Three hundred thousand children in the United States are documented as having lead poisoning. Due to poor reporting practices and failure of the health care system to test all children between 1 and 5 years of age, there may be as many as 1 million children with lead poisoning in the U.S. It is an expensive and preventable public health problem.
An important thing to remember about lead poisoning is that the damage never goes away. When high levels of lead are detected in the body there is treatment to lower the level of lead, but the damage remains. There is no safe level of lead.
It particularly affects the developing brain; therefore young children and fetuses are particularly susceptible. The effects are cumulative, and even low levels can cause damage over time.
Preschool children are particularly vulnerable — as they explore the environment, they put every and anything in their mouths.
Lead damages the nervous system, cardiovascular system and kidneys, even bones and teeth. The damage can cause a decrease in I.Q., problems with attention, stunted growth, obesity, and in rare cases death.
The most common source of lead in the environment is lead paint. Lead also reaches the soil through emissions from certain industries, especially battery plants. Lead was once a legal ingredient of paint, water pipes, the solder along the seams of food cans and gasoline. It continues to be found in consumer goods such as pottery, toys and leaded crystal.
The Environmental Protection Agency and Consumer Product Safety Commission are charged with protecting the public from dangerous chemicals and hazardous products. But as we have seen with the recent peanut-contamination scandal, public agencies do not always use due vigilance. The Bush administration under-funded these agencies and, at the behest of big business and corporate America, encouraged a blind eye when it came to enforcing rules and regulations meant to safeguard the public.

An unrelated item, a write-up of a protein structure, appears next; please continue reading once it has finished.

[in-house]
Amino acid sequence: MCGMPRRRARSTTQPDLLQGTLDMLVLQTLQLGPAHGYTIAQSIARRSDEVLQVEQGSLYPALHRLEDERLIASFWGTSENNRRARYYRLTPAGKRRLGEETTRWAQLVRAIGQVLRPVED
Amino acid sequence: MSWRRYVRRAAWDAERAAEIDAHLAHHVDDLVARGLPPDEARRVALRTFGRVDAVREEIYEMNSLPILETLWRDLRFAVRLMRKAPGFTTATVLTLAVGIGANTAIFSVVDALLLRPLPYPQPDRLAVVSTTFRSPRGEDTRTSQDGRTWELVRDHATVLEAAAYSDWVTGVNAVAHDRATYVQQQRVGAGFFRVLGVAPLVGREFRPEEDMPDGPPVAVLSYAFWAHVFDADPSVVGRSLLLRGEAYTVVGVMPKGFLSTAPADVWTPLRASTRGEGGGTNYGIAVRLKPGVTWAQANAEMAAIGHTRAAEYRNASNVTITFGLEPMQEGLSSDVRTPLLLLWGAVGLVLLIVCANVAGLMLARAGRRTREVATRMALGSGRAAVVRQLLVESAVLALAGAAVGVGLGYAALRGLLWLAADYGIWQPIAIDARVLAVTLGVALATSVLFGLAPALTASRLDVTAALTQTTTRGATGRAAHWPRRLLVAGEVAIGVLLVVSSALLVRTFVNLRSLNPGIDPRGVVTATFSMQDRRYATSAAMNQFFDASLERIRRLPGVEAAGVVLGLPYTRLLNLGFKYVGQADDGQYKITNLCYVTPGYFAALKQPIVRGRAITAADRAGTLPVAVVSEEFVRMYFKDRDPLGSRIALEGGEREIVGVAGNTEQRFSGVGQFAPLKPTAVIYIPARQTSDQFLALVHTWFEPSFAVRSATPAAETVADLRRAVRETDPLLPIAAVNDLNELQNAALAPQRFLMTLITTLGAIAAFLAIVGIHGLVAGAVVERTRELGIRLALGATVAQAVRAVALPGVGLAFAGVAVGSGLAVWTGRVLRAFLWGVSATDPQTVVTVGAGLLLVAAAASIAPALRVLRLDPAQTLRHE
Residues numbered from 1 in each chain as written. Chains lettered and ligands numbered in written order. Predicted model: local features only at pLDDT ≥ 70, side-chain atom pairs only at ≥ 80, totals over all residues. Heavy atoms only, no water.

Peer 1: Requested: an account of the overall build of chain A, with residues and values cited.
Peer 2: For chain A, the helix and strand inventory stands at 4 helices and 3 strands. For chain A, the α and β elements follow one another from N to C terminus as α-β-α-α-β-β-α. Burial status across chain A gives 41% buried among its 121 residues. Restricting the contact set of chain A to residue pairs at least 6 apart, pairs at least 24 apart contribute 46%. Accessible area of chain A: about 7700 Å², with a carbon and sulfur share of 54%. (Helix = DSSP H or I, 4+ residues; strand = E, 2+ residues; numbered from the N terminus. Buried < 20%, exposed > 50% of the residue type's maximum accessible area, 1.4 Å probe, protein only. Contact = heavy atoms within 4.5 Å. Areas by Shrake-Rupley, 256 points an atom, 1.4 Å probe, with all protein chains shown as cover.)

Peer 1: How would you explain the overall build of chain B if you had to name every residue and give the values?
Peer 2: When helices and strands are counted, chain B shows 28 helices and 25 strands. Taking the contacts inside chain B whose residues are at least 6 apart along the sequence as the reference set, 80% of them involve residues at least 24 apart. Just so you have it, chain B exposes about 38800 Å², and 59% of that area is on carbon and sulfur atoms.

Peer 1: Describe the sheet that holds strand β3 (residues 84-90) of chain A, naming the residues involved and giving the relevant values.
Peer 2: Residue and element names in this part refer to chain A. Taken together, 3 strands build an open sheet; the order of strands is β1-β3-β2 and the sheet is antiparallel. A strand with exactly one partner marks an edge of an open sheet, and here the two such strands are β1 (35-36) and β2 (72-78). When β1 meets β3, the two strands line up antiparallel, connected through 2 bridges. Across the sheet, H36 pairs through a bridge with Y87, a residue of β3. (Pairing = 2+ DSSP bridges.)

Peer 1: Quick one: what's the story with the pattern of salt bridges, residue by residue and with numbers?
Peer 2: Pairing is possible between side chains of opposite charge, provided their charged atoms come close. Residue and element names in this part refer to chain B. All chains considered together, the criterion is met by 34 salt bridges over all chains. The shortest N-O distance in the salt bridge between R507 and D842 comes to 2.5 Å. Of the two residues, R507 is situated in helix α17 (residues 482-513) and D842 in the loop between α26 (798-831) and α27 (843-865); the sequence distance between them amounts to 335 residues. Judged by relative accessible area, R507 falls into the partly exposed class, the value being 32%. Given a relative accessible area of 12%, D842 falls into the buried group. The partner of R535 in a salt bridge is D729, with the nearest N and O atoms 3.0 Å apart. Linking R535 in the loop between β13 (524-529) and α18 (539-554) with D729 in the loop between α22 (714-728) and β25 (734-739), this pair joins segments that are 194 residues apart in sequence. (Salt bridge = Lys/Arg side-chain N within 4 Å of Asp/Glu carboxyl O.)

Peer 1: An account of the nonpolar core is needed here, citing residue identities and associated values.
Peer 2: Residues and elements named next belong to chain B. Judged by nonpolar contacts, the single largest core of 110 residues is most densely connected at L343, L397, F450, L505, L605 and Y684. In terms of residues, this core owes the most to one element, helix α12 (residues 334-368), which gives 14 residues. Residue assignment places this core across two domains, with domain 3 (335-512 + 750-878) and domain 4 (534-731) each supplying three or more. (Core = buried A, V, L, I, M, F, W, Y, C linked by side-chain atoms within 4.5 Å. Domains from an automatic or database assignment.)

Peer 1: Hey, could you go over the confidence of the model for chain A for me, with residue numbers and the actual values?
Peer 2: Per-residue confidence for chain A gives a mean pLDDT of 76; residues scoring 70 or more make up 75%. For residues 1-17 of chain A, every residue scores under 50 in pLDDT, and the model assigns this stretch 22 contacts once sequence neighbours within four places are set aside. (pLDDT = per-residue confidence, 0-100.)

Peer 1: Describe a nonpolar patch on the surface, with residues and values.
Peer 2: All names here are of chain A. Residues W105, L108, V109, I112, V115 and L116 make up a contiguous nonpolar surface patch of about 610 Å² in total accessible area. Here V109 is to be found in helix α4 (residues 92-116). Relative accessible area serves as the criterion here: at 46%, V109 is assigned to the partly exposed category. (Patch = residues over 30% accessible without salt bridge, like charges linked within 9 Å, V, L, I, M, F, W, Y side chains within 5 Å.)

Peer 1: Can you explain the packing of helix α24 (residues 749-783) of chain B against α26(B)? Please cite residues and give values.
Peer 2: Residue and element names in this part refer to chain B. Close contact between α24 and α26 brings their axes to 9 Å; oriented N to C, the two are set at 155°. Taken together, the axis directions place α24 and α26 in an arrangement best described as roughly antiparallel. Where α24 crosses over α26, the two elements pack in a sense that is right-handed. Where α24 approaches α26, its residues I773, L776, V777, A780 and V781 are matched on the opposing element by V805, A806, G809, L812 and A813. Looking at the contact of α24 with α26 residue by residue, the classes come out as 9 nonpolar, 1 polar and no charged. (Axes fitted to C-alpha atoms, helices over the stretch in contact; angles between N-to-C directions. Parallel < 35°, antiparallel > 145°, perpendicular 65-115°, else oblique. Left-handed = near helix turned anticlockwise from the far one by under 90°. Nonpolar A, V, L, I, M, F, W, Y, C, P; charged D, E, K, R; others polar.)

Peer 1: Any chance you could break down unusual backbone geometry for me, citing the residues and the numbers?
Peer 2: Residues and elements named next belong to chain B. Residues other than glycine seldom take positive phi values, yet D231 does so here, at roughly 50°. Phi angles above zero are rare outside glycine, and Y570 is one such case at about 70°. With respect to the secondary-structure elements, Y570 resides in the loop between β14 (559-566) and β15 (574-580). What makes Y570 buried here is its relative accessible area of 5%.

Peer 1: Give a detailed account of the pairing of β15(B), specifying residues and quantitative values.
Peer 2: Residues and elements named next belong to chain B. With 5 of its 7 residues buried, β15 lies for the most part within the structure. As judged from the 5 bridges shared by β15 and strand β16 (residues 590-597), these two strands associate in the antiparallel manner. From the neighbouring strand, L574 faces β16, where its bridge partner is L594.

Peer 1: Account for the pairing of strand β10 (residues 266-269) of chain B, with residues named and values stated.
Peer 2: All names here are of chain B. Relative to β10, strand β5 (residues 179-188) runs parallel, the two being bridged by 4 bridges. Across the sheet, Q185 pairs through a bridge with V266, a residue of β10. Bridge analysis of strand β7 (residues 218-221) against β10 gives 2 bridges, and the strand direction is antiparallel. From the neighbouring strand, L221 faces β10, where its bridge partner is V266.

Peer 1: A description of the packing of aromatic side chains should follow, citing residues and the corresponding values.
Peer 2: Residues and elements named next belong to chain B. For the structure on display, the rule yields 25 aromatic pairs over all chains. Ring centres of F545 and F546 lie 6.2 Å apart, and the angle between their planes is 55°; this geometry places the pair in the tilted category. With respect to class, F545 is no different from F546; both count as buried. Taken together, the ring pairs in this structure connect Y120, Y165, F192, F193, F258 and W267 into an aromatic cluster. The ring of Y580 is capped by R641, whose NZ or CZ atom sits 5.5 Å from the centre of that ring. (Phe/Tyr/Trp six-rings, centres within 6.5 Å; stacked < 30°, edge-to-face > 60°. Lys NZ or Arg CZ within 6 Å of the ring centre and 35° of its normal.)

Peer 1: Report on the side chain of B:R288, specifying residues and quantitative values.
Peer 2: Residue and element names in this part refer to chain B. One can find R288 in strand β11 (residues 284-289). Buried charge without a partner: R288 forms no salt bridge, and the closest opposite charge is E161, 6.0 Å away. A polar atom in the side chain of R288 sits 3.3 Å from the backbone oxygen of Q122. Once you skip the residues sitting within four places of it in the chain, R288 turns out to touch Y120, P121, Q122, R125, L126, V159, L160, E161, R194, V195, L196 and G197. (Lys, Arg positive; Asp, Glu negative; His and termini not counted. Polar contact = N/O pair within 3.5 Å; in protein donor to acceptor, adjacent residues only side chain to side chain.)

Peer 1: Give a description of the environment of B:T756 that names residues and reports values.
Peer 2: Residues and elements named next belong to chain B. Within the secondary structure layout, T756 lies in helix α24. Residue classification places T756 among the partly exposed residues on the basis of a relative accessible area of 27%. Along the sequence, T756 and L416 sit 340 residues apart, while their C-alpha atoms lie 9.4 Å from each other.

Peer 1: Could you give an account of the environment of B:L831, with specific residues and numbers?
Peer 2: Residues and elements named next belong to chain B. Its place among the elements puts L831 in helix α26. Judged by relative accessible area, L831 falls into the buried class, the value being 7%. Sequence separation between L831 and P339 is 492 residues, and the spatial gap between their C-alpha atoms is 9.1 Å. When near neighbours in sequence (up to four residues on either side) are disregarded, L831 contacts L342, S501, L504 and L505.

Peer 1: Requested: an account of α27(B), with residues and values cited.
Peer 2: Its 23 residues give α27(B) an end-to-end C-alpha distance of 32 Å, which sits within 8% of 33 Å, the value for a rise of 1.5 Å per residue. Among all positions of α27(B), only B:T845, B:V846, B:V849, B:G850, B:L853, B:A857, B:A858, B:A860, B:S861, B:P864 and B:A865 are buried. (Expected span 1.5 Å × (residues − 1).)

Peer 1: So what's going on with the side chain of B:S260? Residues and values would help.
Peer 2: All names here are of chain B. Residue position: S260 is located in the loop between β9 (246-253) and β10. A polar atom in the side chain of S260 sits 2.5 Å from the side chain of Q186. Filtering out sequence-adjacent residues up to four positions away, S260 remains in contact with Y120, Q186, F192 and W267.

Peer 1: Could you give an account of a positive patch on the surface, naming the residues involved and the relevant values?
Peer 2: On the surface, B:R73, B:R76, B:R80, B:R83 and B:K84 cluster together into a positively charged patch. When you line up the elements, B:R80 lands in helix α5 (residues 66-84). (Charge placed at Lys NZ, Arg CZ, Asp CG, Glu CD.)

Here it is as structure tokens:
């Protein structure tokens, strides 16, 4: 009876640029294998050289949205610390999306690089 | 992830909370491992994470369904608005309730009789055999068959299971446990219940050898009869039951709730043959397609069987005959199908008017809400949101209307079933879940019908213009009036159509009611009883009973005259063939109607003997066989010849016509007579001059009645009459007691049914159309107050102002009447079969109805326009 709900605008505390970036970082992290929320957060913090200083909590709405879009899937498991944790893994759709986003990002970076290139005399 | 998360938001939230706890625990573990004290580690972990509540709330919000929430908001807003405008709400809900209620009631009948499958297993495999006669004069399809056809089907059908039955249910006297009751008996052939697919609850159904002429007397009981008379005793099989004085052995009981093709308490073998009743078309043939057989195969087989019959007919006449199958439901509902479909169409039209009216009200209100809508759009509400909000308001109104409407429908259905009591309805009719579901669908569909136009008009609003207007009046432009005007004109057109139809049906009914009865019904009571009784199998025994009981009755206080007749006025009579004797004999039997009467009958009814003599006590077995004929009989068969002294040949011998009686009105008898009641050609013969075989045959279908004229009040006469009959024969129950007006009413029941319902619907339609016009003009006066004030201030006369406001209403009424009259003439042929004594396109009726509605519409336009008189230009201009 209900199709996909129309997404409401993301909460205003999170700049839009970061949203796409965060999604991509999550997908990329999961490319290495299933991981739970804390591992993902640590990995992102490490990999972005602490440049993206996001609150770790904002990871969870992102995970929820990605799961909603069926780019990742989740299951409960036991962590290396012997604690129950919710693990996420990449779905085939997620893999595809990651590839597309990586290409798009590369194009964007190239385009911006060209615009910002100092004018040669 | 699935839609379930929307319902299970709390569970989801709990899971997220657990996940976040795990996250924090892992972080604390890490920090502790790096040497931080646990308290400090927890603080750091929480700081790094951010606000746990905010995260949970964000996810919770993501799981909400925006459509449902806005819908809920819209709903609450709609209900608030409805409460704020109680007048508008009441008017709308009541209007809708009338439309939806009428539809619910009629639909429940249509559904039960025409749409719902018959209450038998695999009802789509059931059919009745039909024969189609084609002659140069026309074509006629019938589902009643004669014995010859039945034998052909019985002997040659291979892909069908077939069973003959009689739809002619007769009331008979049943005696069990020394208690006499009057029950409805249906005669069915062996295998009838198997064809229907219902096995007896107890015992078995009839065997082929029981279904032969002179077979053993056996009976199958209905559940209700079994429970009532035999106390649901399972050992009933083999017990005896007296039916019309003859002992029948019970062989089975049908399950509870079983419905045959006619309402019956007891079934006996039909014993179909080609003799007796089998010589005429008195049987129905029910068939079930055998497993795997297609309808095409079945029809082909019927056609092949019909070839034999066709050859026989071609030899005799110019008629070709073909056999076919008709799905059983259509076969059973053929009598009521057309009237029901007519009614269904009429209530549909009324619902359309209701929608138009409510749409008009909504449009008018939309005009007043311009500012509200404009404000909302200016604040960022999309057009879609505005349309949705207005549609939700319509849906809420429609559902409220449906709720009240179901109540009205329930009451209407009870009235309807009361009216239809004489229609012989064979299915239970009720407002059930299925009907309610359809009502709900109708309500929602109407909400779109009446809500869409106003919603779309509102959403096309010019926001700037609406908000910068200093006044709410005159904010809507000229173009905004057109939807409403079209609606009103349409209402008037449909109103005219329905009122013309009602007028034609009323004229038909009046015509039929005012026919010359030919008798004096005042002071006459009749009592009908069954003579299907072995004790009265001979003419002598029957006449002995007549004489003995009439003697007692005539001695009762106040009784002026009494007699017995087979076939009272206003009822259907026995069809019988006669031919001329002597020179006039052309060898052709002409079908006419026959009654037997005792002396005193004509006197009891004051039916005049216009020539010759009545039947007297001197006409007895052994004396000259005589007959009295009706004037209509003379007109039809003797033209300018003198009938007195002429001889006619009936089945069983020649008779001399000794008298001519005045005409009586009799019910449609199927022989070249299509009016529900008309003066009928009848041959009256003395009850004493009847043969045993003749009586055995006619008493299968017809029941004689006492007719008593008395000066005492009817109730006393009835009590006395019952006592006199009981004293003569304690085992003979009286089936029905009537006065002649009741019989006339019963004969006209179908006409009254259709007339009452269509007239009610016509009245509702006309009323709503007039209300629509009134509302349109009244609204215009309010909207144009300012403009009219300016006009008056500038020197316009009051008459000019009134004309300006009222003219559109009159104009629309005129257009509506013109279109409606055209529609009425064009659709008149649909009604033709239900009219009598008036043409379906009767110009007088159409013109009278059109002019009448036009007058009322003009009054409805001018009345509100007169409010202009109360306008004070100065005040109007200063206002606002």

Indications are that the Obama administration intends to do much better. For starters, more staff, with the backbone to enforce standards, needs to be hired.
To protect yourself and your family:
* Check for lead paint in homes when buying or renting. Federal law requires disclosure of lead in houses built before 1978. Have a home inspection when buying. Make sure there is no peeling paint. Paint and plaster in poor condition can be covered with paneling or sheetrock.
* Be sure water filters have been certified to remove lead by an independent testing agency. Run water for 10 minutes in the morning before using it for drinking or cooking, so water that has been sitting overnight, possibly leaching lead from pipes, is not used.
* Damp dust floors, wood molding and window sills frequently.
* Leave shoes at the door, wash hands when coming in from outdoors and before eating. Children should eat indoors.
* Children should play in grassy area or paved areas, not in dirt
* Wash toys frequently. Read labels on toys. Kits are available to test toys and other household items, but they vary in reliability.
* Vacuum rugs with a HEPPA-filtered vacuum sweeper.
* Wear gloves when gardening.
* Check dishes and pottery for lead content — some products manufactured outside the U.S. can contain lead.
* When installing new water faucets, make sure they are lead-free.
* Eat lots of fruits and vegetables.
* Have children tested. The early symptoms of lead poisoning, such as an upset stomach, or irritability, are easily attributed to other causes.
* Insist that agencies whose duty it is to protect the public are well funded and staffed, and that they are not privatized.
* Further, insist that polluters and landlords who ignore standards for environmental lead be prosecuted to the full extent of the law. If the law is weak, insist that politicians enact legislation to strengthen it.
Diane Mohney is a retired nurse and health care reform activist.